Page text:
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Washington moms band together, push for change after losing sons to overdoses

Overdose deaths are rising, not only in western Washington, but across the country.

SEATTLE — The most recent data from the Center for Disease Control and Prevention shows more than 107,000 people died from drug overdoses last year. On Monday, organizations from 24 states came together to remember loved ones and ask for a change in policy.

"This is Andrew when he was, oh, gosh, probably nine with his little dog," said Marlys McConnell. 

McConnell’s son Andrew was a chef in New York. They called him the dancing chef.

“He'd dance around and whip stuff up, and it was amazing. People loved it," McConnell said.

Andrew was 27 years old when he died from an overdose. Seven years later, McConnell is still working to keep her son's memory alive.

“Basically, we're sitting here watching a broken system fail our children and our loved ones for years dying of substance-use-related death," said McConnell.

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McConnell is one of many Washington moms working for the national organization Trail of Truth.

"We want the government to take action and are frustrated by the lack of action," organizers with Trail of Truth said over a Zoom call Monday.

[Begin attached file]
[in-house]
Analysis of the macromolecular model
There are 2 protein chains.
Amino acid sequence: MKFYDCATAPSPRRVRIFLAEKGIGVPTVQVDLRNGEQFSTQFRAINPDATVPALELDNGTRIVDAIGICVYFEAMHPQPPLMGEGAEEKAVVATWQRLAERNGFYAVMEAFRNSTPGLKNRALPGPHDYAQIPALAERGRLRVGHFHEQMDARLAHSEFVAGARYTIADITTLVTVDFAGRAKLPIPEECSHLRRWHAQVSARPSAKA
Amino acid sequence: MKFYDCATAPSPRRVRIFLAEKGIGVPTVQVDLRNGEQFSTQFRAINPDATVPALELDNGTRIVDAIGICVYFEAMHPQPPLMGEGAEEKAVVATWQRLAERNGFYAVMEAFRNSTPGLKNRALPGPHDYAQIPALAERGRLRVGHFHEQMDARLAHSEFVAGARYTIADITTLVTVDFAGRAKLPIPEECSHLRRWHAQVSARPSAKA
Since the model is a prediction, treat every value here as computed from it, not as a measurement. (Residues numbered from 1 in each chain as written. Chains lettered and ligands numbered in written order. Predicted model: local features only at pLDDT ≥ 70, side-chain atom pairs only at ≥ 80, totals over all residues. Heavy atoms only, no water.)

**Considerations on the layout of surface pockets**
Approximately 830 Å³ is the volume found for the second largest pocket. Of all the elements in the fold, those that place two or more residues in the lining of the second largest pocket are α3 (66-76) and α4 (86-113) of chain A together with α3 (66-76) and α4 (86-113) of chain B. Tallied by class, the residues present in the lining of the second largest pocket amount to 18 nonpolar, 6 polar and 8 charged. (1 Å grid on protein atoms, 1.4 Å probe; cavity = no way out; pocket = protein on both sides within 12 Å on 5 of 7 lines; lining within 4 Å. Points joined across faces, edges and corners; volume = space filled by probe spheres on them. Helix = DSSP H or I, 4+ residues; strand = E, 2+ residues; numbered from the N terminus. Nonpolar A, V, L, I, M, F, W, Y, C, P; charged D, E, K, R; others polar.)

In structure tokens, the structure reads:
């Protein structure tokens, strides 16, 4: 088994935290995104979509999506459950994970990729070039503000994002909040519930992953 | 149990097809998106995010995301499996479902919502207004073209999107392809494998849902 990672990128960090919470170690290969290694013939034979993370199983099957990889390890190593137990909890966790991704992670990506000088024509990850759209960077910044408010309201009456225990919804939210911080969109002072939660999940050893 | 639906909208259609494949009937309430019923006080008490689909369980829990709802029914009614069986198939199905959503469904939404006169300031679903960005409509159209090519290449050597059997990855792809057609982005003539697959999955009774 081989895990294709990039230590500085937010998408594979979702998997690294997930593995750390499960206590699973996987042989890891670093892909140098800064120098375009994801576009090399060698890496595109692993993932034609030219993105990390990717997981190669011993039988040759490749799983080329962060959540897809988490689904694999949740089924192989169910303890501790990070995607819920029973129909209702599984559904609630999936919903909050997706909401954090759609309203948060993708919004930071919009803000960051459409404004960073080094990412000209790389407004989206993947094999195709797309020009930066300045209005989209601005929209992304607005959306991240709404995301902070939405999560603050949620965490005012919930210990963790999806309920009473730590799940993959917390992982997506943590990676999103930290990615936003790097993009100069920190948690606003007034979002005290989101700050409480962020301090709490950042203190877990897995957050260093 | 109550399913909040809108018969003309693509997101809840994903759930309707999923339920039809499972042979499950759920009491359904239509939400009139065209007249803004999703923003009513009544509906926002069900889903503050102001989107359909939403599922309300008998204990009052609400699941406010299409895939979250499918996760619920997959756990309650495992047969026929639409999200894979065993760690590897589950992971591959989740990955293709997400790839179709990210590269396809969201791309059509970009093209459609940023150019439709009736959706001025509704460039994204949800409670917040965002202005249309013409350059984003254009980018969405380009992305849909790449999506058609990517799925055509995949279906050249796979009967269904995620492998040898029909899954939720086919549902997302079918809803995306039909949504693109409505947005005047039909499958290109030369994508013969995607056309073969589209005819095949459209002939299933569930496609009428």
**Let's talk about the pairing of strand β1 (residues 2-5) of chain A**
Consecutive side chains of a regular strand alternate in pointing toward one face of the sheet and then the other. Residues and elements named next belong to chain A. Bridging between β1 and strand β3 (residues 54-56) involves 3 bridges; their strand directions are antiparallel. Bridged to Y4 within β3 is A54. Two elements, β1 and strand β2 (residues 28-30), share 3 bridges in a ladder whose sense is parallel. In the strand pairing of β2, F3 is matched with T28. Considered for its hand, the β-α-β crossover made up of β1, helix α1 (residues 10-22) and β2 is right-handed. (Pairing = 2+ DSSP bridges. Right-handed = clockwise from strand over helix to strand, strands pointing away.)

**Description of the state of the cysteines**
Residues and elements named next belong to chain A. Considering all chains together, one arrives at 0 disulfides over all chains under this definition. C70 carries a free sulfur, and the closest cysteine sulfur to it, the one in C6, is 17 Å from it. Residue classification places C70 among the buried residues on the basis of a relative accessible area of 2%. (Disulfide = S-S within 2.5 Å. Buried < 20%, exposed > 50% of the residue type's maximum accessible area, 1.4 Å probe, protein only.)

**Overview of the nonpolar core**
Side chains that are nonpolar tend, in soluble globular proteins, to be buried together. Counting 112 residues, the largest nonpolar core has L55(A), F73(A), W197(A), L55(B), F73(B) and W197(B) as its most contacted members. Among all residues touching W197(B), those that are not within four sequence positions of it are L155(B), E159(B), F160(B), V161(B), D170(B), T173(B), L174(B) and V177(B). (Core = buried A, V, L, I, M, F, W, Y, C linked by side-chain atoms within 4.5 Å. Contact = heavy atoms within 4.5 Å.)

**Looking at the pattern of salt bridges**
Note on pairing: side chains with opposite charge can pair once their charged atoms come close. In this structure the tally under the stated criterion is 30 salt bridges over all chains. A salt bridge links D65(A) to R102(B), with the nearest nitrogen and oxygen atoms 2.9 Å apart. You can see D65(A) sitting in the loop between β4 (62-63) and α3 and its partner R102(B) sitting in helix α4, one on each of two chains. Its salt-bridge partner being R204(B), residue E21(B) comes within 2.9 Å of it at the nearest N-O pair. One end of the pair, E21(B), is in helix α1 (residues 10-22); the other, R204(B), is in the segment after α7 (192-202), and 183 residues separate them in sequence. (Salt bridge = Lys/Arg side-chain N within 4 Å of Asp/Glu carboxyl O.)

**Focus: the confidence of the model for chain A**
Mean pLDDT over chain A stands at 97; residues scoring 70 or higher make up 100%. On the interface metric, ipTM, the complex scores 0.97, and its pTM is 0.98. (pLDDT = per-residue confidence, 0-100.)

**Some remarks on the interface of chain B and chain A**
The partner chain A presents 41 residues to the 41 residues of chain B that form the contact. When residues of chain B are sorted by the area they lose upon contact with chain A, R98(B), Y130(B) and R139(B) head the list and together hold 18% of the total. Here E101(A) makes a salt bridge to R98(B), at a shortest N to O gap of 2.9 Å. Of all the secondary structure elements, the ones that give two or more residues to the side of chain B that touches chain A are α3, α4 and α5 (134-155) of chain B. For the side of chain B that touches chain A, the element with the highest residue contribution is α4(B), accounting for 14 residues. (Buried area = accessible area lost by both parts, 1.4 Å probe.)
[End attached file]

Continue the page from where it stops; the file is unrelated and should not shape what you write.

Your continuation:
The organization announced a partnership with more than 70 organizations from 24 states. They're asking for immediate access to treatment and nondiscriminatory medical care.

“I feel that he may be here today if these things were more readily available to him," said McConnell.

According to the Washington State Department of Health, there have been 489 drug and alcohol-related deaths in King County so far this year. As of 2021, fentanyl was the number one killer.

“You feel hopeless at times," said Kristie, who requested we don't use her last name. "You feel angry at times because there never seems to be the help he needed when he needed it."

Kristie's 37-year-old son Brandon died in April after using heroin laced with fentanyl. She had struggled since Brandon was a teen to find care that addressed his drug use and mental health.

"The more voices there are, the more chance there is for change," said Kristie.

She is one of the many moms like McConnell who are banding together to make a change nationally. McConnell is planning to head to Washington D.C. in September with Trail of Truth to request a change in policy.

They plan to publicly honor the people that died from overdoses as a way to reduce that stigma.

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